The time between exposure to the virus and symptom development (incubation period) is about 3 to 5 days. People are contagious during incubation and 3 to 8 weeks after.

What are the Symptoms of Herpangina in Adults?

Twenty-two different enteroviruses can cause herpangina. Symptoms vary depending on the subtype of enterovirus causing the infection.

Common Symptoms

Symptoms usually appear within 3 to 5 days after the initial infection. Common herpangina symptoms include:

  • Sore throat The throat becomes swollen and painful, making it difficult to swallow.
  • Fever Most children develop a high-grade fever that can be high enough to cause seizures. 
  • Loss of appetite Children may not want to eat due to painful sores in the mouth and throat.
  • Mouth sores Grayish blister-like sores appear on the mouth and throat 1 to 2 days after the sore throat begins. They develop into shallow mouth ulcers over the next 24 hours and are usually smaller than 5 mm in diameter.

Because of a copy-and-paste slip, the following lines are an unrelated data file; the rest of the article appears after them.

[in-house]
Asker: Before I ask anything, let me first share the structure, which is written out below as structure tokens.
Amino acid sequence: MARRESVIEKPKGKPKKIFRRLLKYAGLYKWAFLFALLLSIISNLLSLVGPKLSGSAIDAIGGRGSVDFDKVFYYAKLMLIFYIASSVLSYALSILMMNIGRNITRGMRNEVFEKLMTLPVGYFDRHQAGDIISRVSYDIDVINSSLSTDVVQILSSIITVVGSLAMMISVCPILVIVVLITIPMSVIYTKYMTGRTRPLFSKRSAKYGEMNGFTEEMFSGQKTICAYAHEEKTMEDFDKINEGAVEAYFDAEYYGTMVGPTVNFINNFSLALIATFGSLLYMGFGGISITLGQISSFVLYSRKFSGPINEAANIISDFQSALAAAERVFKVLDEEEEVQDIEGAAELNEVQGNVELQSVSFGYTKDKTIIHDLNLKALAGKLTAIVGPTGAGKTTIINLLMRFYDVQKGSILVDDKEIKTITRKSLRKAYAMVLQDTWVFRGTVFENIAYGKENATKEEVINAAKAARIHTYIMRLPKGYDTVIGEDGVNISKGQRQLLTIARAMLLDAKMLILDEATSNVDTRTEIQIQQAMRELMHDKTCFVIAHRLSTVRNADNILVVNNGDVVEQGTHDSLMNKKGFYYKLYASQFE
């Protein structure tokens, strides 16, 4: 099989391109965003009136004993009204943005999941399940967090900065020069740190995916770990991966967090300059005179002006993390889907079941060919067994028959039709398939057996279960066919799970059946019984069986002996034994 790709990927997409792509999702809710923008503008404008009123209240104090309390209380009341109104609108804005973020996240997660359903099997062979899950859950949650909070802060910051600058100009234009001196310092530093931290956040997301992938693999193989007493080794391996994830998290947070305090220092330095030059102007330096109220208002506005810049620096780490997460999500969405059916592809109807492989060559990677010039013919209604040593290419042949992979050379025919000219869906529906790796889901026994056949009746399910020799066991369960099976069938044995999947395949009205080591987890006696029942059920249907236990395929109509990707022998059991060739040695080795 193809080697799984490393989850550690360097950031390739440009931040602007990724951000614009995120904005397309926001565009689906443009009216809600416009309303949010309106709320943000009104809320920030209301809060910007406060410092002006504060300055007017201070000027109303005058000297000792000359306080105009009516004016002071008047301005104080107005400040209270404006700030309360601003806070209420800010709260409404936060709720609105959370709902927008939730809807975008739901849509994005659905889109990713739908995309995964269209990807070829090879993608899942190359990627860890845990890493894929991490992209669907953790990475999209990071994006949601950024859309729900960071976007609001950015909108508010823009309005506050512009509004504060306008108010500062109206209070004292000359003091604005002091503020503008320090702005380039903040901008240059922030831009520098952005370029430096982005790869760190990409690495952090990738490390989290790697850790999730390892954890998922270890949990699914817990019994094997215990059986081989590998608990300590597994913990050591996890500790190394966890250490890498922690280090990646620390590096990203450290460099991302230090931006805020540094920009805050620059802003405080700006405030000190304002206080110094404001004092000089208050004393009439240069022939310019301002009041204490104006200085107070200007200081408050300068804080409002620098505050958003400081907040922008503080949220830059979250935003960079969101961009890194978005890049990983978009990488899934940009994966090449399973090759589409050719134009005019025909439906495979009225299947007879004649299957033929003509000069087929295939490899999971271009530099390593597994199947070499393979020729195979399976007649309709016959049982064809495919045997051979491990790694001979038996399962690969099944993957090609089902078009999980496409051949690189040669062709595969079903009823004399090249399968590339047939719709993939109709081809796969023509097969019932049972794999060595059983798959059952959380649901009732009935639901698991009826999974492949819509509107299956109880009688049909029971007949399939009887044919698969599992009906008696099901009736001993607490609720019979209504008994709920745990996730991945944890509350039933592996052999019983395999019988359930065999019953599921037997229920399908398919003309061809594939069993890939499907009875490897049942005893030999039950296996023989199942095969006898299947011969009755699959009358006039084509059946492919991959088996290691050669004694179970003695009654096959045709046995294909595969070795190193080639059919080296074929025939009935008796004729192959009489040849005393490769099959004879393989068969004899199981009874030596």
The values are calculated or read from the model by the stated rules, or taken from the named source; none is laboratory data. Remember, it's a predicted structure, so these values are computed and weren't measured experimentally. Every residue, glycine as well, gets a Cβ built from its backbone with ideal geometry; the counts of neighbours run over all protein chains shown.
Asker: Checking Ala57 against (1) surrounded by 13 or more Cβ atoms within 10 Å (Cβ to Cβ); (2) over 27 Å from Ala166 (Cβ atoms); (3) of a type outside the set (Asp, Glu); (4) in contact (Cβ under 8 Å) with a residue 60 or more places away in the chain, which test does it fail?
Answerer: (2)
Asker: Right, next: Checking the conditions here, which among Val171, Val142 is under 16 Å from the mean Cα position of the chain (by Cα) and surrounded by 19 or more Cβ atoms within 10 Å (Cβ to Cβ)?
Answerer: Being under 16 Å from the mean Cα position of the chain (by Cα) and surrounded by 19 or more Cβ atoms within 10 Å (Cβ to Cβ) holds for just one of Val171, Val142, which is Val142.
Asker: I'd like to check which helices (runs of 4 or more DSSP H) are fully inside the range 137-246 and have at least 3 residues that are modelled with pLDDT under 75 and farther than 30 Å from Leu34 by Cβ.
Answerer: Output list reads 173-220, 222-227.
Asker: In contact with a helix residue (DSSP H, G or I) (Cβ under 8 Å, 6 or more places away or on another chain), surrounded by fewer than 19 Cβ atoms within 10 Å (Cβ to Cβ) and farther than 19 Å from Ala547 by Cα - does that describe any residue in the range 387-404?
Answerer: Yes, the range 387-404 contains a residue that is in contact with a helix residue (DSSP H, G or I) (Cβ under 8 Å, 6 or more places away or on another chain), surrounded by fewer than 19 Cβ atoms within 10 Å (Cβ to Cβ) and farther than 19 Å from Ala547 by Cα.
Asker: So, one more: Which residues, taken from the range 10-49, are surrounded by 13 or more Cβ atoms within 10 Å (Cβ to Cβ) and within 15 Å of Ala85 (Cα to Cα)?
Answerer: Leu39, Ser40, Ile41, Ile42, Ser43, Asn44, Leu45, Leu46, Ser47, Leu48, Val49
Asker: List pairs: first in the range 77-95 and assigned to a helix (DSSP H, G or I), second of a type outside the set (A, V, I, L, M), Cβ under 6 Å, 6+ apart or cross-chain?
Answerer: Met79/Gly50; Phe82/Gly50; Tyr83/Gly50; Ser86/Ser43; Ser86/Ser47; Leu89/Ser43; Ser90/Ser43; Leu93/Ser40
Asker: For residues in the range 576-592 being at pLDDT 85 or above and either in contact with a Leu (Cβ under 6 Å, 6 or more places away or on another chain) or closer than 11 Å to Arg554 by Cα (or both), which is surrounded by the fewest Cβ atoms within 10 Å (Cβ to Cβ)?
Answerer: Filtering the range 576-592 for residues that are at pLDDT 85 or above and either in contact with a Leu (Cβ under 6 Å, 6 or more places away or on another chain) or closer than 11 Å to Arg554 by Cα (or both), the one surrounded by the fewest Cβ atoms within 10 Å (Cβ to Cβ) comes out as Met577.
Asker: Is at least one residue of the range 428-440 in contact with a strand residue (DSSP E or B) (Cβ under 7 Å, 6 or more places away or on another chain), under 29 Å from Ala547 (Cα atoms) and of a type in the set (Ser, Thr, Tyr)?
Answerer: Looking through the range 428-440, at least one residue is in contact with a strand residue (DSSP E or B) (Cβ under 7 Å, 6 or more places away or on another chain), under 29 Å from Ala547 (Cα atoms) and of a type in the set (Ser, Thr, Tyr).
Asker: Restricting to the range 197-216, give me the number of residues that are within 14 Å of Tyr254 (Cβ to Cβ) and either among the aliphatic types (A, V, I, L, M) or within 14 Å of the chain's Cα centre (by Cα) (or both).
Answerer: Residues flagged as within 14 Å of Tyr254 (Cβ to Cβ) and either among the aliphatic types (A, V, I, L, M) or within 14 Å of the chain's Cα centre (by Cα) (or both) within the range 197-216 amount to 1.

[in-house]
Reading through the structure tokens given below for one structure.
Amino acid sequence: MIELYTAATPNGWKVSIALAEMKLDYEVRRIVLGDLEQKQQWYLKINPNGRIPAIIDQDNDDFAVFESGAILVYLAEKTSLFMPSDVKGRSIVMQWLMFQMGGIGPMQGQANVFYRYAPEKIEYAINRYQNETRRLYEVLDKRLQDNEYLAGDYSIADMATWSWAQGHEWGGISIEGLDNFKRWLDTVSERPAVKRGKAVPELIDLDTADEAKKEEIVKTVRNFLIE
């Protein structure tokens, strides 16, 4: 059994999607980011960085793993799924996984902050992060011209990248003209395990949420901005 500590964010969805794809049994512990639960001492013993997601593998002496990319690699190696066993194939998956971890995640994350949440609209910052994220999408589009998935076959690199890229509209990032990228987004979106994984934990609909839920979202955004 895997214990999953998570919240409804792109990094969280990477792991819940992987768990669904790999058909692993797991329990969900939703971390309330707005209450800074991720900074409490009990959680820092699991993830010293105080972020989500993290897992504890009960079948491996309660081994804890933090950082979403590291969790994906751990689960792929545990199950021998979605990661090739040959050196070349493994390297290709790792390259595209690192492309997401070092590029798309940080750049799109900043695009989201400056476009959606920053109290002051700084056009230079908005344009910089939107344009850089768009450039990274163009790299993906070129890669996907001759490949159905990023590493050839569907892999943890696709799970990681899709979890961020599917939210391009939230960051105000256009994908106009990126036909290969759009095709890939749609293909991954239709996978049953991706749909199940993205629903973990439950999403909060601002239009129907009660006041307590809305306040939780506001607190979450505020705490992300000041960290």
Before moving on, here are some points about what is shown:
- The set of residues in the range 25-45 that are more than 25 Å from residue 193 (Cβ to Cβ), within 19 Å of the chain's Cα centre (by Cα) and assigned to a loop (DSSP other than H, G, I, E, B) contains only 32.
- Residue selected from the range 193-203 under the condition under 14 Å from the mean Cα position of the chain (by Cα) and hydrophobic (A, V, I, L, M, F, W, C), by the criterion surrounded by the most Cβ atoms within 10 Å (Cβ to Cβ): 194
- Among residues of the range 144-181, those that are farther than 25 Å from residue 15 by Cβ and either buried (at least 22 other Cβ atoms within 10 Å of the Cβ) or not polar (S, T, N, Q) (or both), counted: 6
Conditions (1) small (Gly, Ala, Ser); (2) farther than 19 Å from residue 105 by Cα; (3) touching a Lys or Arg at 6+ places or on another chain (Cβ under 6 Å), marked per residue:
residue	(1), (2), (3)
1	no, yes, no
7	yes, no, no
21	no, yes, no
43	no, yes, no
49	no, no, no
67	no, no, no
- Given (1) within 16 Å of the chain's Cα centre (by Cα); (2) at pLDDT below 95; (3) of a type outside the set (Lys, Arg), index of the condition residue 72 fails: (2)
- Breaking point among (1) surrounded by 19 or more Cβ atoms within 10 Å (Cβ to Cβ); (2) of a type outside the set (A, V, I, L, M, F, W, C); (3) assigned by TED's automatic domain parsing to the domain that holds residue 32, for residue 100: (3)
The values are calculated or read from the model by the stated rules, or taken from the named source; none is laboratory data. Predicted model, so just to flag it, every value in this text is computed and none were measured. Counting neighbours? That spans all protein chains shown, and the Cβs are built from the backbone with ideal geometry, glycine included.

Young children may be fussy and uninterested in feeding. Older children, adolescents, and adults might experience headaches or back pain. Some people also experience dehydration and abdominal pain. 

Severe Symptoms

Severe symptoms of herpangina may include:

  • Neck pain and stiffness 
  • Confusion
  • Difficulty breathing
  • Headache
  • Seizures
  • Muscle weakness

How Long Do the Symptoms of Herpangina Last?

Herpangina symptoms, including mouth sores, typically disappear in 1 to 7 days. Call your doctor if your or your child’s symptoms last longer than a week.

How is Herpangina Diagnosed?

Your healthcare provider will diagnose herpangina with a physical examination and review of your symptoms and medical history. 

Tests usually aren’t necessary because the sores that develop are unique to herpangina. A physical exam is typically all your doctor needs to confirm the diagnosis.

How is Herpangina Treated?

Herpangina treatment focuses on relieving symptoms with good oral hygiene and home care.